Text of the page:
Facebook post on how to make a silent 999 call is misleading

16 April 2020
What was claimed

If you’re in a situation where you can’t speak, ring 999 and when they answer press 55. This tells them you need help but can’t speak. They will dispatch police to you.

Our verdict

If you call 999 from a mobile and the operator can’t hear anything suspicious, you will be prompted to press 55 if you need the police. This will not necessarily mean the police will be dispatched. The police call handler will decide what to do.

We’ve seen a post on Facebook making claims about what to do if you need to make a silent 999 call.

“If you’re in a situation where you can’t speak...Ring 999 when they answer press 55

This tells them you need help but can’t speak.

They will dispatch police to you!

Worth knowing!”

Facebook user, 14 April 2020

This is not correct. There is a system by which you can dial 55, when prompted, to show that you want to be put through to the police, but this only works from a mobile. And a silent 999 call will not always result in the police being dispatched.

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What happens on a silent 999 call

You can listen here to what happens during a silent 999 call from a mobile phone.

If you call 999 you’re initially put through to a BT operator—they will direct your call to the relevant emergency service. 

In some circumstances it may not be possible or safe for you to speak to the operator. Your call should still be transferred to the police by the operator if they hear suspicious noises, and you can also cough, tap the handset or make a noise to alert them that this is the case.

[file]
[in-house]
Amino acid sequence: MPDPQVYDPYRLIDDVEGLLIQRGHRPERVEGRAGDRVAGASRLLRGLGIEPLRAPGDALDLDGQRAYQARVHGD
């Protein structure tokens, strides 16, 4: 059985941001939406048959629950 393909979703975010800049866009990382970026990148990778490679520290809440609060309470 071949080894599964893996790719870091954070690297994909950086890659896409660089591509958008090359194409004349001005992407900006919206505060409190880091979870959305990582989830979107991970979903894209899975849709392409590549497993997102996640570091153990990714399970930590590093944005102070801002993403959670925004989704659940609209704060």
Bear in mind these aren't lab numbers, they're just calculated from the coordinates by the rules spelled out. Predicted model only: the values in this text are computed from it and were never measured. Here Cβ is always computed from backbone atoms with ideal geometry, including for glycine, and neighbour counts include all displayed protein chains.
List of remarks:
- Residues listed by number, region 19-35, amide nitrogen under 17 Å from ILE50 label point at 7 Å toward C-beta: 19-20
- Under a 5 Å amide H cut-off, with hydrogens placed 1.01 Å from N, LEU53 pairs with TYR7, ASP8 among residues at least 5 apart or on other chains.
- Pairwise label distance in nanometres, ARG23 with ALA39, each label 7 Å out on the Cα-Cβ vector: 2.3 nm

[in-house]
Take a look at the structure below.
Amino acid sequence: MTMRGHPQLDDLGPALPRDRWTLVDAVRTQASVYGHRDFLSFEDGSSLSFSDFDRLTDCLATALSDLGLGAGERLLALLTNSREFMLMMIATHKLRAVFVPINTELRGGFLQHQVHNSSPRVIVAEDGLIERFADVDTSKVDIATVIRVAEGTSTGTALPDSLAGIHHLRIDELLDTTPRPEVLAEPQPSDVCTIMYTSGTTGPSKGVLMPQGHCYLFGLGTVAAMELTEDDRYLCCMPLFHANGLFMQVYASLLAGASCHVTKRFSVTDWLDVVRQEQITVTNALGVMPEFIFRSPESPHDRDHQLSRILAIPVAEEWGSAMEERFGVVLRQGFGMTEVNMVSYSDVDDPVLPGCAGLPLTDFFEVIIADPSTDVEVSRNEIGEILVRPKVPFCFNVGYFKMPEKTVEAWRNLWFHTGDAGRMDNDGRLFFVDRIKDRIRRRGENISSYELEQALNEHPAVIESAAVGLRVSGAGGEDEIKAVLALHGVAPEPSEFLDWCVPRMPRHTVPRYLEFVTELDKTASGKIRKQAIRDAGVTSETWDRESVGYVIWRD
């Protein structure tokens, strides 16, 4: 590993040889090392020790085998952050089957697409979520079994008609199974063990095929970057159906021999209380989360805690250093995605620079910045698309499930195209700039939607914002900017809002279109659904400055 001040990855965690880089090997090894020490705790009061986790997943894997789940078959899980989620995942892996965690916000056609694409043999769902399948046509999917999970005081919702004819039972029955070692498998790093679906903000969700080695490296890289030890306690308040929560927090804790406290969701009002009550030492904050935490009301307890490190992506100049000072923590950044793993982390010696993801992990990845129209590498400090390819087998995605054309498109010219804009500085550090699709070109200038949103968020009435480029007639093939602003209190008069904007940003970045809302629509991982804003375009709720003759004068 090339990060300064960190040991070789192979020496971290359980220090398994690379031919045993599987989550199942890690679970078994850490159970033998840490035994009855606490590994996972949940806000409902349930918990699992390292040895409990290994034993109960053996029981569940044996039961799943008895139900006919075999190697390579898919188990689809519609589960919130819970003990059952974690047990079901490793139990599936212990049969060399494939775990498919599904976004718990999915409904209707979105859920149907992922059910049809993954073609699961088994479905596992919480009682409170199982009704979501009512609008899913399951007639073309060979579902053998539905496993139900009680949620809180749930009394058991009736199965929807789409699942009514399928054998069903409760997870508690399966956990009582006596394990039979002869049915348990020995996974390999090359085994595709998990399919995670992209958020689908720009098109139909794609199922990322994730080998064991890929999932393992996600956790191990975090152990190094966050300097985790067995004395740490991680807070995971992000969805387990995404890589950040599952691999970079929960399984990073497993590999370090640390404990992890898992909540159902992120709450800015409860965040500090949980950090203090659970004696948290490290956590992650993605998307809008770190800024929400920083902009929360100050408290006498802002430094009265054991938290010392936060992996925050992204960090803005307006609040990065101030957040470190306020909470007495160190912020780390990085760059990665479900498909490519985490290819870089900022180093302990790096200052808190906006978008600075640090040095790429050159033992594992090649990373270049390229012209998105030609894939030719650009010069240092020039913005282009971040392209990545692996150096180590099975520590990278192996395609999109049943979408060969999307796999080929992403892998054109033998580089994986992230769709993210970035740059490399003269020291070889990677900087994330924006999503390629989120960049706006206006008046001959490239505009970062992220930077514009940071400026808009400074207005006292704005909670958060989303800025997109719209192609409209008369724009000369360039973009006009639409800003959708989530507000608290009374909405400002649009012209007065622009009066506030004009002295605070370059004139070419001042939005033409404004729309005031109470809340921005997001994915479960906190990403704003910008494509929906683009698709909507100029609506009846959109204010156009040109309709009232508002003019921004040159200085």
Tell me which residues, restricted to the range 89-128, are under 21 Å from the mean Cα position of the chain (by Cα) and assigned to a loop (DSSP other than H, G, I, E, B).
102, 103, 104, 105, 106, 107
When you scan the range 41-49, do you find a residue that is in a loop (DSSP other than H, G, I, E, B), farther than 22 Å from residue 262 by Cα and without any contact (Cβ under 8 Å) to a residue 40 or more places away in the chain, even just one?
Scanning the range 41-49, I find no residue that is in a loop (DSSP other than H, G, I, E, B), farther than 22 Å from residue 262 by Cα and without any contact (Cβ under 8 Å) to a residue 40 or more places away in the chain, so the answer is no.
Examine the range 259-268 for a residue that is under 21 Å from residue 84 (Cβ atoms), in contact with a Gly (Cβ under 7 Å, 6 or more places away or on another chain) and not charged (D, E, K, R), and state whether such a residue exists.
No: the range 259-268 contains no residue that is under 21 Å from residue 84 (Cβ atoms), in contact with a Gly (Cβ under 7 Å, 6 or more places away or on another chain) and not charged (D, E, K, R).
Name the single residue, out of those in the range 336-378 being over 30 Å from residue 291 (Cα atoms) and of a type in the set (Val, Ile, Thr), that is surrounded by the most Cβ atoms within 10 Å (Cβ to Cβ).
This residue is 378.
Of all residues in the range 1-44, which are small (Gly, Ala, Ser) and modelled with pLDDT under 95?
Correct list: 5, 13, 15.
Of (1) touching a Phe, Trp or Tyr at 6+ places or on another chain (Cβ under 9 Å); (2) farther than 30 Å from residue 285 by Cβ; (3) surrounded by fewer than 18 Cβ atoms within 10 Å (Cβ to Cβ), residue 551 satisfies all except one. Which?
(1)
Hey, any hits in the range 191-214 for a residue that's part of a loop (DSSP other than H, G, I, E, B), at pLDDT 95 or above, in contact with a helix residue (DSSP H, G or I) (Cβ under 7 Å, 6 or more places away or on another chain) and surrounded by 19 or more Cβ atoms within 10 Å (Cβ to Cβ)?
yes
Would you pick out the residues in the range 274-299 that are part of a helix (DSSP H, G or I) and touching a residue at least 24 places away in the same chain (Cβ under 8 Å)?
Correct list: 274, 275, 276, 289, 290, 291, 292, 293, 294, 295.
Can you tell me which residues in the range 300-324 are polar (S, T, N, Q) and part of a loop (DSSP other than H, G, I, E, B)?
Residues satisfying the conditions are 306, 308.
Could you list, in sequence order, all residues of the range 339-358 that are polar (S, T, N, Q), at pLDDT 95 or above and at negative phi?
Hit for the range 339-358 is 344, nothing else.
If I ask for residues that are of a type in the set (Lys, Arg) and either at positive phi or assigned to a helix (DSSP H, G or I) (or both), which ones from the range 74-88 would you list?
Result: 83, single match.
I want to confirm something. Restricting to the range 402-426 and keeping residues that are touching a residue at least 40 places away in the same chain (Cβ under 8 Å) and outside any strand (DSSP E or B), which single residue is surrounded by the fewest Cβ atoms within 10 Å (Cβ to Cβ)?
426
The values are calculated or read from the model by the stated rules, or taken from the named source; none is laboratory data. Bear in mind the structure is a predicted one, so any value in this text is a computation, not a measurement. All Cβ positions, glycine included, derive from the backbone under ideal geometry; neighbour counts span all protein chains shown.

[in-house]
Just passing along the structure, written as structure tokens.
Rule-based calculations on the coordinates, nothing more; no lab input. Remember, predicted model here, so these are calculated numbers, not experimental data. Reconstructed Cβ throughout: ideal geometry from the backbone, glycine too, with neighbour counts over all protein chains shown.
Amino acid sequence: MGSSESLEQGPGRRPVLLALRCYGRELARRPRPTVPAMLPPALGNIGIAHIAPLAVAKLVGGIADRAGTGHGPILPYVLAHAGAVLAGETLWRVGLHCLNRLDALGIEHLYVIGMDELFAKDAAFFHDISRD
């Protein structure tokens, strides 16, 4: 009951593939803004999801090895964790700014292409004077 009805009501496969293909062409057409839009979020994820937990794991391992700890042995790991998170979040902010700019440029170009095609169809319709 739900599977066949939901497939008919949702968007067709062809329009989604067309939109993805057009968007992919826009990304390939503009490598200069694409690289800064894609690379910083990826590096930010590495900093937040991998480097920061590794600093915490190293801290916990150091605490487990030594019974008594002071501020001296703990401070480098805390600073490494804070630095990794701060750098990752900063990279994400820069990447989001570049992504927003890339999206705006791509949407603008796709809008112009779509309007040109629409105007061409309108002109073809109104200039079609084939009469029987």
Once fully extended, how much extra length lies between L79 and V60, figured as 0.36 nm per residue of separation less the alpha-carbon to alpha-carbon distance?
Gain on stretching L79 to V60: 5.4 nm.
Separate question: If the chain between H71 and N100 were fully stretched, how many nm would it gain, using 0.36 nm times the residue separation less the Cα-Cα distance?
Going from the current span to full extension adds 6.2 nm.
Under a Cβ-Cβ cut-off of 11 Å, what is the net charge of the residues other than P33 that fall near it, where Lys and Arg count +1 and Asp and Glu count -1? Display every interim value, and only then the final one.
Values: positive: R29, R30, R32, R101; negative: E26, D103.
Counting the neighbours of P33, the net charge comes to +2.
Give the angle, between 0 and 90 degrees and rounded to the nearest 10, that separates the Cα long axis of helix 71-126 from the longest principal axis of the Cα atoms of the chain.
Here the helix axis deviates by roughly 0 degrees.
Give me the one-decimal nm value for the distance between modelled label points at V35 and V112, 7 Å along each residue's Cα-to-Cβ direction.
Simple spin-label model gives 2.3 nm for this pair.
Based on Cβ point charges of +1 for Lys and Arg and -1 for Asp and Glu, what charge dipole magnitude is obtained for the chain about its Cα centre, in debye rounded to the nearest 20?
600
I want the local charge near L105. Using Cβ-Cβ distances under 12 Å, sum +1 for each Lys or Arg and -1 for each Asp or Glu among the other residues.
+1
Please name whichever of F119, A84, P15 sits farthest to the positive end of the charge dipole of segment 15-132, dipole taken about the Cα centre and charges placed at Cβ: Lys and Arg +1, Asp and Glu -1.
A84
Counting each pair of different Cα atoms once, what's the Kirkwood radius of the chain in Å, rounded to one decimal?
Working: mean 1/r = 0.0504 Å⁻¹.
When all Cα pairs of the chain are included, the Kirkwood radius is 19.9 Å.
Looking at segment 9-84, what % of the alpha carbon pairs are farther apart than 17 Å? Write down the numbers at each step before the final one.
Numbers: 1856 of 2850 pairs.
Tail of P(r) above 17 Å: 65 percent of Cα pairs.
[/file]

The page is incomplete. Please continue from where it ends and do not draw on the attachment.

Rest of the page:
Otherwise, if the call is made from a mobile phone (not a landline), it will be forwarded to an automated system called “Silent Solution”.  An automated voice asks the caller to press 55 if they need police assistance. Dialling 55 here will direct the call to a police call handler. 

When we’ve written about this topic before, the NPCC told us that dialling 55 at any point in the call (even before prompted) is likely to alert the operator that the caller needs to be put through to the police, as would doing something like tapping the handset to make a noise. Police call handlers are trained to get details from callers who cannot speak, and use methods like asking only yes or no questions.

If you’re calling on a landline then guidance also says that if for any reason you disconnect the call by hanging up you have 45 seconds to pick it up again and the call will resume. If this happens (you hang up and pick up again within 45 seconds) the BT call handler will also forward the call to the police.

Police won’t necessarily be dispatched

Even if you dialled 55 when prompted by the automated system, this wouldn’t guarantee that the police would be dispatched to you. It only means you will be connected to a police call handler, who from there, will decide what action to take.

As we’ve written before, the police won’t always be able to track your location. If calling from a landline, that can usually be traced to an address, but an exact location can’t always be pinpointed from mobiles, especially in built-up areas.

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